Dining and dashing is the act of going to a restaurant, eating a meal and then leaving without paying the bill. Some people do this because they feel the food or service wasn’t very good and others do it solely for the thrill, often deciding to skip out on the bill long before they even enter the restaurant itself. While it shouldn’t be surprising that it’s illegal to dine and dash, many people are surprised at how serious the charges for this crime can be.
Is Doing a “Dine and Dash” Illegal?
Everyone knows they could get arrested for shoplifting, but somehow people think that the act of dining and dashing or the equivalent of skipping out on a hotel bill are somehow lesser crimes. But whether you’re taking physical goods or refusing to pay for a meal, you’re still costing these establishments money in the form of raw ingredients to make food and the service of the chefs who cook it and the waters who bring it to you. That’s why the state’s laws concerning “defrauding an innkeeper” make it illegal to dine and dash or otherwise fail to pay for services with the intent to defraud the owner of a “hotel, restaurant, motel, campground, or any other establishment that serves food and/or beverages.”
The Key Element of Defrauding an Innkeeper
It’s important to recognize that the law specifically states that it is illegal to skip out on a restaurant or hotel bill with the intent to defraud the owner. That means that if you ate dinner with your family and left thinking your uncle paid your bill but he actually split the check and left your portion to be paid, you wouldn’t be guilty of dining and dashing because you didn’t intentionally avoid paying your bill. Similarly, if someone stole your wallet while you were at a restaurant and you told the owner you couldn’t pay your bill because someone stole your wallet, while the owner might call the police, you still wouldn’t be guilty of defrauding an innkeeper because it wasn’t your intent to leave without paying, but circumstances placed you in that position.
It’s also common for particularly intoxicated people to leave restaurants without realizing they didn’t pay their bill simply because they’re too drunk to remember. While voluntary intoxication isn’t usually a defense, it can be in a case like this where intent is a key element. Because intent is such an important part of this crime, it is important to call a criminal attorney if you have been accused of dining and dashing.
You Must Also Receive Something
It’s also important to recognize that you must have used the good or service to some extent in order to be guilty of this crime. That’s an important distinction because people often end up leaving a restaurant with bad service after placing an order but still getting nothing served to their table but tap water. Since the diners have not gotten anything the restaurant charges for, people in this situation have not dined and dashed, even if the restaurant already started cooking their meal.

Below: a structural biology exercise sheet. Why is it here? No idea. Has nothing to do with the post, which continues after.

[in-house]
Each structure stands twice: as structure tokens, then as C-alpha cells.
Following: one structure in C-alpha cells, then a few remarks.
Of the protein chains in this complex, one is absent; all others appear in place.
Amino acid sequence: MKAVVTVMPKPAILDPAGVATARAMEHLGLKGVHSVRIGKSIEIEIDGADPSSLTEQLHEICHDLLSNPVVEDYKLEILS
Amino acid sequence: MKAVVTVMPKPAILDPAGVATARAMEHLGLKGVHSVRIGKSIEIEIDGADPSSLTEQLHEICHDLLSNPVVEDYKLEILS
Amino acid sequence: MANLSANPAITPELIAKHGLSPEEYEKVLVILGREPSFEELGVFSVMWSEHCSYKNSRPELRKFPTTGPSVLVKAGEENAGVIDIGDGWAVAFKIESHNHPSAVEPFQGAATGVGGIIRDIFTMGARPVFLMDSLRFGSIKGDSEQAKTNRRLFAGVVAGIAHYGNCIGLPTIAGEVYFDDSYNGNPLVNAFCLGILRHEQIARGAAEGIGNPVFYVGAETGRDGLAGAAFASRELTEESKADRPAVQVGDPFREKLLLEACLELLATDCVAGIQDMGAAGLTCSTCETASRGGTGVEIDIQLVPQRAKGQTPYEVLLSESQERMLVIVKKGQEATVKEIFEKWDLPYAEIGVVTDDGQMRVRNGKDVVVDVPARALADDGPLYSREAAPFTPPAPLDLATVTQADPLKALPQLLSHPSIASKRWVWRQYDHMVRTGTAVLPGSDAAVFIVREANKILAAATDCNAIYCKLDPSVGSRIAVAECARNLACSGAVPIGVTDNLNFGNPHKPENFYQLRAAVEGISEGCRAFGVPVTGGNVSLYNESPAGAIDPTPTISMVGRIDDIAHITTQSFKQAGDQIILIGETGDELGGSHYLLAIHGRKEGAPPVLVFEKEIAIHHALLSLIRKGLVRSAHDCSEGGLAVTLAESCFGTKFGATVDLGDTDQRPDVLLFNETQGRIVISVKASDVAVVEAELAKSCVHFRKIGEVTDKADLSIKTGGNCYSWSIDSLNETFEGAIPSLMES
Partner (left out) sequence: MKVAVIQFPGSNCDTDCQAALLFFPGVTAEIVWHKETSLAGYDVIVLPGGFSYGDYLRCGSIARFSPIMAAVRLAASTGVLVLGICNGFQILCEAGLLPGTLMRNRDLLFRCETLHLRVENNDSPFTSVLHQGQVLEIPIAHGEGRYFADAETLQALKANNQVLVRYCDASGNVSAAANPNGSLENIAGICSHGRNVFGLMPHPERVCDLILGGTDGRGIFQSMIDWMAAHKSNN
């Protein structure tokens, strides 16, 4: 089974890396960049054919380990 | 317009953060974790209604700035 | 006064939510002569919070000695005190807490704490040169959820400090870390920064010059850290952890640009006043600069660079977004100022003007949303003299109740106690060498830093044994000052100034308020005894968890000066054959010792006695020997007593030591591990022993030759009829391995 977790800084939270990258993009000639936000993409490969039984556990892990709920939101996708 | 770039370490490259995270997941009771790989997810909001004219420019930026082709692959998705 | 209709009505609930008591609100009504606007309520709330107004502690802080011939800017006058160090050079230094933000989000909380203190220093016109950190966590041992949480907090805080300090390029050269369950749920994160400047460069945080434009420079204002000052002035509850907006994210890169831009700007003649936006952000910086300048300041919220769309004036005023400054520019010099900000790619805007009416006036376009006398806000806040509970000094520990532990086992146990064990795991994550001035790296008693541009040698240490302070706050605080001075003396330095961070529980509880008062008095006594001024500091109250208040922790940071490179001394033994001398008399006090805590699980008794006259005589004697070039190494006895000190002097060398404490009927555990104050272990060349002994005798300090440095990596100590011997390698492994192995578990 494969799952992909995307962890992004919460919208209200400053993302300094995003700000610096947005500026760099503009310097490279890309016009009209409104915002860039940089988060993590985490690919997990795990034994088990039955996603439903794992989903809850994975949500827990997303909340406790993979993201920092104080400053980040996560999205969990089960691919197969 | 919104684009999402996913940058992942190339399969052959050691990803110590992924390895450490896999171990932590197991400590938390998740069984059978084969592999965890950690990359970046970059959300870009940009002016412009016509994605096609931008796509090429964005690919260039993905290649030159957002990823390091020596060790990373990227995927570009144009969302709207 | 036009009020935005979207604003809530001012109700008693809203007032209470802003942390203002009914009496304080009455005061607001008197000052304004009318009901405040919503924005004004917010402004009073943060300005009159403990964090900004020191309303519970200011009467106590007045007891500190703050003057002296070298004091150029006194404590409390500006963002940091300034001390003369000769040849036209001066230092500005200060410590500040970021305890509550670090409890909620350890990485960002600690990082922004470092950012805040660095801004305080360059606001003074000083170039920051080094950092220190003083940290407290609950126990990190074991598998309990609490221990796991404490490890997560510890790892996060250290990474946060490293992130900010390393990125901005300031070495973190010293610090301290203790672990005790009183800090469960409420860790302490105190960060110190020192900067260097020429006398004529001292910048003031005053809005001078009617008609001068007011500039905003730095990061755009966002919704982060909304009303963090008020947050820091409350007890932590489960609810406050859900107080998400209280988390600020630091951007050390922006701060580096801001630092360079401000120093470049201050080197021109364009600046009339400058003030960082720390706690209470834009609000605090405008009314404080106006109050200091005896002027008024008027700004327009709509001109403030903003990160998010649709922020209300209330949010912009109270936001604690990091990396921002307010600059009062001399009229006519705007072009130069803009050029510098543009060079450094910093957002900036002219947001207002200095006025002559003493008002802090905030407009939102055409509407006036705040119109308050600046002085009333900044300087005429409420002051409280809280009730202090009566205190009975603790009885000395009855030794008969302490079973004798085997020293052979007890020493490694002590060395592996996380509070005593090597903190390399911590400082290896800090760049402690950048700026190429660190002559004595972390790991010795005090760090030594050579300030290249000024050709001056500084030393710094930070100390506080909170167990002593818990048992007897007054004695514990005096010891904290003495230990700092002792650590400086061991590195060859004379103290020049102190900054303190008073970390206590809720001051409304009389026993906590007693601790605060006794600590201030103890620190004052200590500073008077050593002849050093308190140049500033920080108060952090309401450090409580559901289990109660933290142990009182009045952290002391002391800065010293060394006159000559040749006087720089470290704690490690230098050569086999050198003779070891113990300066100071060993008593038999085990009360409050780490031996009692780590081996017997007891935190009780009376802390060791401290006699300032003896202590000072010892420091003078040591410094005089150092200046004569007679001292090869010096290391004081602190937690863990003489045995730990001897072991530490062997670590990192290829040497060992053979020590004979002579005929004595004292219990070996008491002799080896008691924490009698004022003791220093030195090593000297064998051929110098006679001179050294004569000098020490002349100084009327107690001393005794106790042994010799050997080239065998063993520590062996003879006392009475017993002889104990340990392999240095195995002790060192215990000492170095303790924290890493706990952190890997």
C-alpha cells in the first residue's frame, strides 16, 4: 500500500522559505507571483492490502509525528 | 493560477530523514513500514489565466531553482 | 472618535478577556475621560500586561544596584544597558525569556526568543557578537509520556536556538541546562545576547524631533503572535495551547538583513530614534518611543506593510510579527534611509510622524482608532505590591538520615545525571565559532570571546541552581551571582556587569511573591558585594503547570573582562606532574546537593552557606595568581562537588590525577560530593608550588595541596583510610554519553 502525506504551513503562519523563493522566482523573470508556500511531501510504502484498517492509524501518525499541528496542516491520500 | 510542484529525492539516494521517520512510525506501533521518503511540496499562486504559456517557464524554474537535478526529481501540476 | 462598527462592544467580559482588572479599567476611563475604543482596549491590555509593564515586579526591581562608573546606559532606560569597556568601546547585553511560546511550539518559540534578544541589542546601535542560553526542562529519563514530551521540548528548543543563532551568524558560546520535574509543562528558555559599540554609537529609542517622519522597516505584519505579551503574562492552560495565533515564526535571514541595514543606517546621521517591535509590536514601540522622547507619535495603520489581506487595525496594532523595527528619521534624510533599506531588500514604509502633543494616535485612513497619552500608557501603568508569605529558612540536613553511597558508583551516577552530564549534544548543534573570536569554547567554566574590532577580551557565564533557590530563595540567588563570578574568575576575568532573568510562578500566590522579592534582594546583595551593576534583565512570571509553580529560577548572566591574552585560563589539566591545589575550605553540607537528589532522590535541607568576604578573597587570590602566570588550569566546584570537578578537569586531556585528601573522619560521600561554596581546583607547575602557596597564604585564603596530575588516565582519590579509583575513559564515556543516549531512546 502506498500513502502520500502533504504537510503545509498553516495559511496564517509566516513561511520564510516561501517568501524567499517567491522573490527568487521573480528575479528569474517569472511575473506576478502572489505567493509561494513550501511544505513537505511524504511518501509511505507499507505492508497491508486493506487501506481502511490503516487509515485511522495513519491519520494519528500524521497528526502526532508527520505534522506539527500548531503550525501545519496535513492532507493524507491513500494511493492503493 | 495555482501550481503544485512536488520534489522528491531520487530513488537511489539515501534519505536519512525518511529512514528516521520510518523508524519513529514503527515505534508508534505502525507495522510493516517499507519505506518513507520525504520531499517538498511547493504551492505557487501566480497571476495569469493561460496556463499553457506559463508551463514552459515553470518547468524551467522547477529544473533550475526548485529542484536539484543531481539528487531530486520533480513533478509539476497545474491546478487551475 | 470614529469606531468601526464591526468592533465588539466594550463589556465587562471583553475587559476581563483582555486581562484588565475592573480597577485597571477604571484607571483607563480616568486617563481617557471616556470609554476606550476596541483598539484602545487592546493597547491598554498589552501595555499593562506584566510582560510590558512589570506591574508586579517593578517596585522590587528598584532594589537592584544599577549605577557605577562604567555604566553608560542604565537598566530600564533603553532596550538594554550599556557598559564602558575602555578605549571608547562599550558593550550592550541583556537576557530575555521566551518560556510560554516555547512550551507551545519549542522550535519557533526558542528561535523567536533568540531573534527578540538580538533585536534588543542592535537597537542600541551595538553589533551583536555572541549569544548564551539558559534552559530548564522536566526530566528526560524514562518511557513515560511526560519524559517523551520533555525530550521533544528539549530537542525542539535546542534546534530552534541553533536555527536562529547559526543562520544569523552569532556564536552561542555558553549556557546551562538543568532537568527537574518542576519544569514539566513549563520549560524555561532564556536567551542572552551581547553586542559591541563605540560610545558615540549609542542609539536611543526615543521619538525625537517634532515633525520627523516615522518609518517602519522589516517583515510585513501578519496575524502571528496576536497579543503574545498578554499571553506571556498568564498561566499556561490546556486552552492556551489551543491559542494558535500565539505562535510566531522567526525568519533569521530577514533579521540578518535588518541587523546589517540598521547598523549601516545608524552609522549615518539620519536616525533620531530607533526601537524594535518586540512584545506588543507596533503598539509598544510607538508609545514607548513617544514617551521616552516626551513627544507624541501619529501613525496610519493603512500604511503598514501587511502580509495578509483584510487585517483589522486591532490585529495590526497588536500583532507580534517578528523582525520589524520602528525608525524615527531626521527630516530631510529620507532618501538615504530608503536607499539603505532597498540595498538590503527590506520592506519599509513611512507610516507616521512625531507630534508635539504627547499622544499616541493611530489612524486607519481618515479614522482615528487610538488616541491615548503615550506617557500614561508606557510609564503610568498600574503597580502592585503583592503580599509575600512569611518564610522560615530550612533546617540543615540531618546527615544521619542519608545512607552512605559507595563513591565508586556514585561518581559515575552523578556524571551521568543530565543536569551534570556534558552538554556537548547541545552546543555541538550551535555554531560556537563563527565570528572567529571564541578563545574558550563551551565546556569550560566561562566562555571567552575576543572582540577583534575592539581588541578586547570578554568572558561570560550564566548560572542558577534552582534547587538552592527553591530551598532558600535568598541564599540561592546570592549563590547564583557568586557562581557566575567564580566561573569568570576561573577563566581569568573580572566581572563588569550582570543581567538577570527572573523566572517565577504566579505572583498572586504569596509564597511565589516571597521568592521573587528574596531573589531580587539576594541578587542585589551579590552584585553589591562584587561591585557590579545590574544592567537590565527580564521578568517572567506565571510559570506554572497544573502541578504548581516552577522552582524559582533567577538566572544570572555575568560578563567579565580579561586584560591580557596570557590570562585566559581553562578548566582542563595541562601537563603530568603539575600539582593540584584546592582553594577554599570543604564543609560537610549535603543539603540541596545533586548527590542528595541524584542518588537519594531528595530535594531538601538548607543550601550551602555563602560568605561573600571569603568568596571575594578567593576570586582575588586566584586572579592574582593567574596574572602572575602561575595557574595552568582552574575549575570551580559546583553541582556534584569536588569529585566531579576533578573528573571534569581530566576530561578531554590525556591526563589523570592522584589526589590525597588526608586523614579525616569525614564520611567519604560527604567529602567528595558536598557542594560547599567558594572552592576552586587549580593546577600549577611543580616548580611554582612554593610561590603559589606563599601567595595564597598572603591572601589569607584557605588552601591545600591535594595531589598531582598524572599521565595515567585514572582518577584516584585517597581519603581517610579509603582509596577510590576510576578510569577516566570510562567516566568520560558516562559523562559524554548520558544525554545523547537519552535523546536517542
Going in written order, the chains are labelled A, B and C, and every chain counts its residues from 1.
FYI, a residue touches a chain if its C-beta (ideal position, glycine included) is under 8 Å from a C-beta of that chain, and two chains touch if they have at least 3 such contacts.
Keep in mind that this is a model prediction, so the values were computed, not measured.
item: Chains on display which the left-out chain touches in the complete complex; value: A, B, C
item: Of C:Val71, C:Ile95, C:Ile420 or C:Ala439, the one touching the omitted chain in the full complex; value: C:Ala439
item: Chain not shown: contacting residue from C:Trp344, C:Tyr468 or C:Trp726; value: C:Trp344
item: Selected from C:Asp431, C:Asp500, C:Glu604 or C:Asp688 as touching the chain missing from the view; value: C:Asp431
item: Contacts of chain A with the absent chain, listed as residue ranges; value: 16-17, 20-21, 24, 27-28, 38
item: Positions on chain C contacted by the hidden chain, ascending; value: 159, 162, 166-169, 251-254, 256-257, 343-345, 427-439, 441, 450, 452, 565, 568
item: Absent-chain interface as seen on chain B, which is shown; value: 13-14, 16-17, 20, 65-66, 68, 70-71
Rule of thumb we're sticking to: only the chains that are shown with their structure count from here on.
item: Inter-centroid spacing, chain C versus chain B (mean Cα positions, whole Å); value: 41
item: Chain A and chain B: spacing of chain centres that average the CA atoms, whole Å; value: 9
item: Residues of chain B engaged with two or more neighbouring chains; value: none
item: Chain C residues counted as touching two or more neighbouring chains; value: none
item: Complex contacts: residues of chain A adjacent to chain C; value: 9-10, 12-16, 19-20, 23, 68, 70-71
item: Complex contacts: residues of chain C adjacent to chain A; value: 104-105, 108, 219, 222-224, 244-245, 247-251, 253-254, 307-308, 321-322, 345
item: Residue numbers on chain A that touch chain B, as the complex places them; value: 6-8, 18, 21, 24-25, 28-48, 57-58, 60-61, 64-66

Dine and Dash Penalties
Since it is illegal to dine and dash, this means you can face criminal penalties for doing it. In most cases, the charges will be a misdemeanor as the majority of meals people skip out on are worth $950 or less. Those facing these charges can be sentenced to up to 6 months in jail and $1,000 in fines.
If the meal was valued at over $950, the charges can be either a misdemeanor or a felony. As a misdemeanor, it is punishable by up to one year in jail and as a felony, it can result in a sentence of up to three years in prison. It is often more difficult to fight these charges not only because they have a more strict sentence, but because prosecutors and judges are more inclined to think you intentionally ordered such an expensive meal with plans to leave without paying before you even sat down.
It’s also worth mentioning that since theft is a crime of moral turpitude, it can have a detrimental effect on anyone with a professional license or seeking employment.
Always Fight the Charges With a Lawyer
While you may be tempted to handle these charges yourself in order to save money, it’s worth recognizing the difference a top theft attorney can make in your case. In some cases, your attorney may be able to have a misdemeanor charged as an infraction, punishable by nothing more than a fine, or have a grand theft charge reduced to a misdemeanor -especially if the value of the meal was close to the $950 threshold. If you had a good reason for leaving without paying, your lawyer may even be able to have the charges dropped altogether.
Remember that you can not only get arrested for doing a dine and dash, but it can even leave you behind bars, which is why it is critical to contact a top attorney if you have been accused of defrauding an innkeeper. Please call (760) 643-4050 to schedule a free consultation with Peter M. Liss.
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